My wife and I discovered how wonderful it is to make video calls when one of our granddaughters moved to Helsinki for her last year of university. I downloaded Skype from the Internet for free and, because my computer didn’t have a built-in camera, I bought an inexpensive one that clipped onto the top of the monitor.
Glad to meet you, new boyfriend from Munich!
We could see our granddaughter. She could show us her entire apartment and introduce us to her friends and her new boyfriend, who happened to pop in while we were on the phone. She could point her camera out the window and show us Helsinki’s snowbound streets. We could let her see that we were indeed well. Unlike long distance phone calls, a Skype call is free. Free! No cost! We talked for a long, long time.
39 years disappeared in a flash.
The next thing we did with Skype was contact an old friend in Serbia. We had met in 1975, when I was making TV commercials there and her husband was assisting us. My wife had come with me. An email to our friend Ljiljana set up a Skype call with her in her Belgrade apartment. We connected and the years melted away. Although we had kept in touch over 39 years by letter and then email, seeing each other on Skype was just like being together again after a brief separation.
By the way, we could have just phoned her on Skype and left a message with our number if she hadn’t been there to answer. While we still exchange emails, we also occasionally now make Skype calls.
Making a Skype call is easy
Android smartphones require Skype or another third-party application. You can download the free Skype app yourself or your phone vendor can help you get set up. Apple iPhones have FaceTime, a built-in application that is similar to Skype. Either way, setup is quick and easy.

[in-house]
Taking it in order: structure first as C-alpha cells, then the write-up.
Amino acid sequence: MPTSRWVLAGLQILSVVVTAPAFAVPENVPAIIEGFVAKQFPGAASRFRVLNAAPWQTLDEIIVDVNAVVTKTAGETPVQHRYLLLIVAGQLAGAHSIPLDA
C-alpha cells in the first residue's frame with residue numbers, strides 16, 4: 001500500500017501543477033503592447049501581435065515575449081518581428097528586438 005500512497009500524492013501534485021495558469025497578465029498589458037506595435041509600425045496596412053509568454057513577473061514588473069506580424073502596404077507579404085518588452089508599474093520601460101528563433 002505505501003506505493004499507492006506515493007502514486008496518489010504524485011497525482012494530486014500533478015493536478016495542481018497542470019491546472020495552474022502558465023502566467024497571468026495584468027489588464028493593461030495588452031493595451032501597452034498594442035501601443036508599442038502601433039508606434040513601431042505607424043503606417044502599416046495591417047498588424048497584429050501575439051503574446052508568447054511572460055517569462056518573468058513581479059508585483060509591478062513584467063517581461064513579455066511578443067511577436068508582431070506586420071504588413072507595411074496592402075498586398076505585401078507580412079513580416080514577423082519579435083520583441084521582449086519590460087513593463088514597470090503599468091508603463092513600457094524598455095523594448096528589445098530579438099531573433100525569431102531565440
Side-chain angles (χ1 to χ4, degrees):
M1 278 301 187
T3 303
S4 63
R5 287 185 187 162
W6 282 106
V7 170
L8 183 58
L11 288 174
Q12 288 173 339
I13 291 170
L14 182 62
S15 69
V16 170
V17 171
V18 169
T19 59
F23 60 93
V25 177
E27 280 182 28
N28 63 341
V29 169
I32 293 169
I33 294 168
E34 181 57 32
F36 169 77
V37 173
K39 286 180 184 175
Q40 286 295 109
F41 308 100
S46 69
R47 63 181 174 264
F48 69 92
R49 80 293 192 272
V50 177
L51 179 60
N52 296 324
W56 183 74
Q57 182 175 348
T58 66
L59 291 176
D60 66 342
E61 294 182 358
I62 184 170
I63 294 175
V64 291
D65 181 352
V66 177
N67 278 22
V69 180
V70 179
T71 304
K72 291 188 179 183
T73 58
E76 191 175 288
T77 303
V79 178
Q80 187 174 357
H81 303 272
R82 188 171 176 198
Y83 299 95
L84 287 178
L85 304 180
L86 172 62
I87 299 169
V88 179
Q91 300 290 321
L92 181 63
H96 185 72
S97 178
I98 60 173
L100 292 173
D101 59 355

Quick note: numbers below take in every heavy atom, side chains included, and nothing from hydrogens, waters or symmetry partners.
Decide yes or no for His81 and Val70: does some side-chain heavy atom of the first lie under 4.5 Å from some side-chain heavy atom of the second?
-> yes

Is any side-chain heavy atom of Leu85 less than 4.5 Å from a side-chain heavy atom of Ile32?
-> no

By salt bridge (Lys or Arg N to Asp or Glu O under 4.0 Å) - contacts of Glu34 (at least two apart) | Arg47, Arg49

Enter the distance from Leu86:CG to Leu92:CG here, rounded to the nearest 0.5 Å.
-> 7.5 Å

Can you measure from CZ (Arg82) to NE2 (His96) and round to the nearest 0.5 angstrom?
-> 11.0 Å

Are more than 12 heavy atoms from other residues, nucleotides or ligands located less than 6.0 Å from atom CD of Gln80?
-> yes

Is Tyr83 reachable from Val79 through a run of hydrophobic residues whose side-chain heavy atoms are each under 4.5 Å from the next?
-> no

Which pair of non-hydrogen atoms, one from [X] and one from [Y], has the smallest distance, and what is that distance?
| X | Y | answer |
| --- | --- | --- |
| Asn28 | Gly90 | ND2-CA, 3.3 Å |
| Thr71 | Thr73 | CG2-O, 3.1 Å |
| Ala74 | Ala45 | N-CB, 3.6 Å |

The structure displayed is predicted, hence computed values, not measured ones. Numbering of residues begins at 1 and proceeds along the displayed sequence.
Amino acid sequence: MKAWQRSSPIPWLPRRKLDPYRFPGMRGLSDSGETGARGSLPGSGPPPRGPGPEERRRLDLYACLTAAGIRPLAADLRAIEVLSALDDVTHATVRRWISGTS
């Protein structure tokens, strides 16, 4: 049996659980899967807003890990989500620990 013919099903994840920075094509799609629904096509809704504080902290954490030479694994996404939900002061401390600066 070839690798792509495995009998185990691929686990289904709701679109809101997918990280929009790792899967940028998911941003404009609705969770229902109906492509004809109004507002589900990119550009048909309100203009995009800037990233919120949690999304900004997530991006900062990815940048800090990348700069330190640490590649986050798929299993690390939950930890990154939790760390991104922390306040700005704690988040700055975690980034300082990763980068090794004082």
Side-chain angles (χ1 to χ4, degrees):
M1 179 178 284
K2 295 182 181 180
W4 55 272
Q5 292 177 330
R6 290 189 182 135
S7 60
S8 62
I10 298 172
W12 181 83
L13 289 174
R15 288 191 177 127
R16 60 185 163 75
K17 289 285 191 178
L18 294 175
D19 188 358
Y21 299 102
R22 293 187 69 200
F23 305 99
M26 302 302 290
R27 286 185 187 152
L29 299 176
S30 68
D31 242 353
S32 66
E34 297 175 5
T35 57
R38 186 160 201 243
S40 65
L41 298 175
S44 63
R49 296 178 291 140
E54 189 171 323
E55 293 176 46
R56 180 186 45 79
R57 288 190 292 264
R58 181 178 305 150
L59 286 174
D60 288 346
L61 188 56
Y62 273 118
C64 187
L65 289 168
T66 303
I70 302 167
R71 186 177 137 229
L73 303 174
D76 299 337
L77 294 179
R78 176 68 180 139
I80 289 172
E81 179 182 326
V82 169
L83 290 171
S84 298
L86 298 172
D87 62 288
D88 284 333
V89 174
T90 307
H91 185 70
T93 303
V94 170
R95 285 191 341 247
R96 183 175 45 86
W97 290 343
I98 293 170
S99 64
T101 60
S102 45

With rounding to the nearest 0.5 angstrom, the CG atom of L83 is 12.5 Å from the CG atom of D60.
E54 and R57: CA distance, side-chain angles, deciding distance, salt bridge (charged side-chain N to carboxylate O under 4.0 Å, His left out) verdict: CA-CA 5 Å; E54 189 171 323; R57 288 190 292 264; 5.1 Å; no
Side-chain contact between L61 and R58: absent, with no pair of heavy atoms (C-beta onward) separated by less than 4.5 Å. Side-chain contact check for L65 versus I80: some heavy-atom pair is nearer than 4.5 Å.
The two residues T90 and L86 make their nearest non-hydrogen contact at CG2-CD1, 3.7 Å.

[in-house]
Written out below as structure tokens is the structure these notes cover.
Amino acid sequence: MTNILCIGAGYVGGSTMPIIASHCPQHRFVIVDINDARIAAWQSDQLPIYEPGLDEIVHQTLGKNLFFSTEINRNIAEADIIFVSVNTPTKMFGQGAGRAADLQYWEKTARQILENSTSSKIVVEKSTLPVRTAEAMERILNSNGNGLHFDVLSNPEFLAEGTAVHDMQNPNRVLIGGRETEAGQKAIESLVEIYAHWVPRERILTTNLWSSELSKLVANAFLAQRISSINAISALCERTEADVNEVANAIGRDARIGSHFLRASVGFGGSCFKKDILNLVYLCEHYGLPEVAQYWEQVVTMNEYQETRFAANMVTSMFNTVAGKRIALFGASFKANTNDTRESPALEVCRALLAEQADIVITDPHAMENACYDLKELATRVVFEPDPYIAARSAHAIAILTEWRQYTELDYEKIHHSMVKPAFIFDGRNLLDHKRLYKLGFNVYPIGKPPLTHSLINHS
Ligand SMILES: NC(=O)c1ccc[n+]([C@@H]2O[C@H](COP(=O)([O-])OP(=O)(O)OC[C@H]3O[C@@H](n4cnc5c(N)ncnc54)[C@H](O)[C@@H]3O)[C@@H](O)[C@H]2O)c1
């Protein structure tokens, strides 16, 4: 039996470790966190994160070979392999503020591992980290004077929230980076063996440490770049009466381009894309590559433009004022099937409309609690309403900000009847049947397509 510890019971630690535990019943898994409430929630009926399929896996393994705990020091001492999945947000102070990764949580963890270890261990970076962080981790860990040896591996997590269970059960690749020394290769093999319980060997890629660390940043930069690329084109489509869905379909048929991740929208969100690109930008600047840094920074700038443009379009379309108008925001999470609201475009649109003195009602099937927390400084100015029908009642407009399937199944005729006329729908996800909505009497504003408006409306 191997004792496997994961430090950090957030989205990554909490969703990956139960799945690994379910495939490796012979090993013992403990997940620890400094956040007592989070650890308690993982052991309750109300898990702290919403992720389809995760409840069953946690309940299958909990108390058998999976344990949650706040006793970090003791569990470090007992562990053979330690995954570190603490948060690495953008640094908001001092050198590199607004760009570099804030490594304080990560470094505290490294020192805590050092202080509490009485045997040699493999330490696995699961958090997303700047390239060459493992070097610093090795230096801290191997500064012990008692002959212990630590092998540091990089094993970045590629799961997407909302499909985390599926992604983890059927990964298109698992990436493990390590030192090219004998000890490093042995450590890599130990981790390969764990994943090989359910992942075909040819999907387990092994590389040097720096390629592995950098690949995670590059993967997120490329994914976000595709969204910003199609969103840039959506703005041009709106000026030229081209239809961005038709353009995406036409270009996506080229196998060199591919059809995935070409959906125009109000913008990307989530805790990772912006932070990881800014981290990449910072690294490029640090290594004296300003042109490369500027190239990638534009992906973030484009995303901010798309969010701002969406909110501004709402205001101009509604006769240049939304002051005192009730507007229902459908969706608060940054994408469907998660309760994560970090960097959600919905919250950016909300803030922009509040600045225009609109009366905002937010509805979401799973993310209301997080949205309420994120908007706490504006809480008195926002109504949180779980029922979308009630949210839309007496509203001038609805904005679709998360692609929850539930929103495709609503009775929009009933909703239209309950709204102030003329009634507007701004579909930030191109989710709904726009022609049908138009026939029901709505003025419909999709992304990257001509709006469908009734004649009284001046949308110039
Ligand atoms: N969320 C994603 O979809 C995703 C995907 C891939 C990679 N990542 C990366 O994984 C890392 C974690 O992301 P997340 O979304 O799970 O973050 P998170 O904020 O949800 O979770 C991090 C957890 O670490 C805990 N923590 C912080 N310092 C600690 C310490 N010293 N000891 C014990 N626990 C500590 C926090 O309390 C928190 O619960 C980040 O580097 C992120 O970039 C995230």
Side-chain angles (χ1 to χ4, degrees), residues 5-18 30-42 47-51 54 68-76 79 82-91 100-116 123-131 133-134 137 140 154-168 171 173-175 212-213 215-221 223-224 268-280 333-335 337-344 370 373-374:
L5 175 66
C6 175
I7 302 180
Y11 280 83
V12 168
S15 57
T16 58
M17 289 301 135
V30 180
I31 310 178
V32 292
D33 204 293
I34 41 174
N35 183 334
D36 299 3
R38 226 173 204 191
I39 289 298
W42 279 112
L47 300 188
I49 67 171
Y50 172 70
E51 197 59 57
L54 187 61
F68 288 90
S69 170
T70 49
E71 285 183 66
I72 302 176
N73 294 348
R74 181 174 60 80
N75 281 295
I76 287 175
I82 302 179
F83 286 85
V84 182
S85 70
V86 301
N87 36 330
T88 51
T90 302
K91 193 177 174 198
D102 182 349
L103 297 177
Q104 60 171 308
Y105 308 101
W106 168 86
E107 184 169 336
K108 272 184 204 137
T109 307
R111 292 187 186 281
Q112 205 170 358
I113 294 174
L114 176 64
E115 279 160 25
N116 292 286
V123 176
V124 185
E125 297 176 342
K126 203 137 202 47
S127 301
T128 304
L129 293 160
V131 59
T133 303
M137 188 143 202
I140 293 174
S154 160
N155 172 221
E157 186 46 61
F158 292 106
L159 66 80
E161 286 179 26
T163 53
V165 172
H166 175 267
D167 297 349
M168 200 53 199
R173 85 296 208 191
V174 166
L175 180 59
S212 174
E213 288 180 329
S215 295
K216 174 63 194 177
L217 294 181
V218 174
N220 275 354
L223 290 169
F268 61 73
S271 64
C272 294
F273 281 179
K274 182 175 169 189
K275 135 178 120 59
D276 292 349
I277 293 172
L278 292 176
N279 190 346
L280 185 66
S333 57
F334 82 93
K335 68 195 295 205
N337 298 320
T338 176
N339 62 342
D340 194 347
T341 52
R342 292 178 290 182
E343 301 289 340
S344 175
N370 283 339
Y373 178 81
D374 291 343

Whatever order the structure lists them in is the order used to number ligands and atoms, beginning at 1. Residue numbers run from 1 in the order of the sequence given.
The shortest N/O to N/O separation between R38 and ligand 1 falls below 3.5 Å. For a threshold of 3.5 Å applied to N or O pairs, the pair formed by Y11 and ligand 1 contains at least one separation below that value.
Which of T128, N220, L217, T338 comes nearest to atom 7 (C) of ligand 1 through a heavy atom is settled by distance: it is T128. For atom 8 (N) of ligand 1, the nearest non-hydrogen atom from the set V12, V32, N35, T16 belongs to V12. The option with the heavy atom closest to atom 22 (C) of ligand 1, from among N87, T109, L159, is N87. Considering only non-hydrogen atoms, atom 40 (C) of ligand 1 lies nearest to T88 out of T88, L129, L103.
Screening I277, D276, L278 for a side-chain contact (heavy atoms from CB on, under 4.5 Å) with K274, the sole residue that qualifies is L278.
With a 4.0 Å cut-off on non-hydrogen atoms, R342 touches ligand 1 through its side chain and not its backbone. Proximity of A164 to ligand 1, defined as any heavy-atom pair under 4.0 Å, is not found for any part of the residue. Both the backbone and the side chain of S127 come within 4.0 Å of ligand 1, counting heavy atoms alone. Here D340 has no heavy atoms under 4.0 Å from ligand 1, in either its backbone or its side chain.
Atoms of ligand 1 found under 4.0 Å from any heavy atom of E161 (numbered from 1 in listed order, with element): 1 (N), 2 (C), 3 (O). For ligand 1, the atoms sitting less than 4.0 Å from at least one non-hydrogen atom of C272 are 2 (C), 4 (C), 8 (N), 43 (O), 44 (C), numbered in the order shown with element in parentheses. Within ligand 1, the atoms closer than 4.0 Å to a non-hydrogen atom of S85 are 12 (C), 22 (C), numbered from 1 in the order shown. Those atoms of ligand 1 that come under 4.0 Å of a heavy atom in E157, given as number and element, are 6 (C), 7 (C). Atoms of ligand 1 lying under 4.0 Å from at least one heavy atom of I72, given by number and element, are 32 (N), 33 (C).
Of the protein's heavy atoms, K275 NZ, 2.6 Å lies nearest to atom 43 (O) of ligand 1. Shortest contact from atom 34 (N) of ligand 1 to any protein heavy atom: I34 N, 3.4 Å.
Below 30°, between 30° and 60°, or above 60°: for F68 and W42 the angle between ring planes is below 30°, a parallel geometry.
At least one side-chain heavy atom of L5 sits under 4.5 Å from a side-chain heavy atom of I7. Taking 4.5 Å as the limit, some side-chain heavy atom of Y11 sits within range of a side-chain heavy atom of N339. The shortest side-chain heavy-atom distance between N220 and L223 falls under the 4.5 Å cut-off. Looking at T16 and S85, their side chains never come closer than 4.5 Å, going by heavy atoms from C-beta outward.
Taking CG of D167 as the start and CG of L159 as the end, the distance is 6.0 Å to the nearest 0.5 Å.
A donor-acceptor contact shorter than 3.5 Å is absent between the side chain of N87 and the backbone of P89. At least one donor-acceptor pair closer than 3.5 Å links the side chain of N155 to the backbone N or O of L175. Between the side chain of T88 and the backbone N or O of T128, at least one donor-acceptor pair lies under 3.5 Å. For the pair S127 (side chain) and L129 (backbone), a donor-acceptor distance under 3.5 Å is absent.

A Skype call lets you share great experiences as they happen. You just need to remember that you can do it!
My wife and I aren’t always as quick-thinking as we could be. Recently we attended a native Canadian powwow. The power of the regalia and the dances overwhelmed us.
My wife shot a lot of photos with her iPhone (see photo above), but we could have used Skype or FaceTime to share the experience with our family members or friends ¨live.”
Early this summer, I visited Niagara Falls with a friend from Germany. If either of us had thought of it at the time, we could have surprised his wife back in Germany with a Skype call instead of just snapping the photo you see here.
Imagine her having the chance to share the experience – the sound and fury of the Falls – with us!
Harsh weather can be a barrier to actual visits on occasion. A Skype call or a FaceTime call can help you and your family feel like you’ve had that Sunday evening visit, without anyone having to leave home.
Skype and FaceTime can even make it possible for elderly parents to be part of outdoor experiences that might be too physically taxing. Note: This requires reliable high speed cell phone service at the location.
One of our sons often calls on Sunday evenings. He initiated FaceTime calls. They’re so much more personal.
We all know “a picture is worth a thousand words.” Video is worth much more.
Video calls are so much more involving and informative. They help you to make a connection in a way that phone calls just can’t. And they’re fun too!
And don’t think that FaceTime and Skype are just for staying in touch with friends and family in far off lands – we live just a half hour’s drive from the son I mentioned above.
Why not try a Skype call or a FaceTime call the next time you’re “talking” with family?
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In summary: With a Skype call or FaceTime call it’s easy for seniors to share experiences and “visit” with family and friends.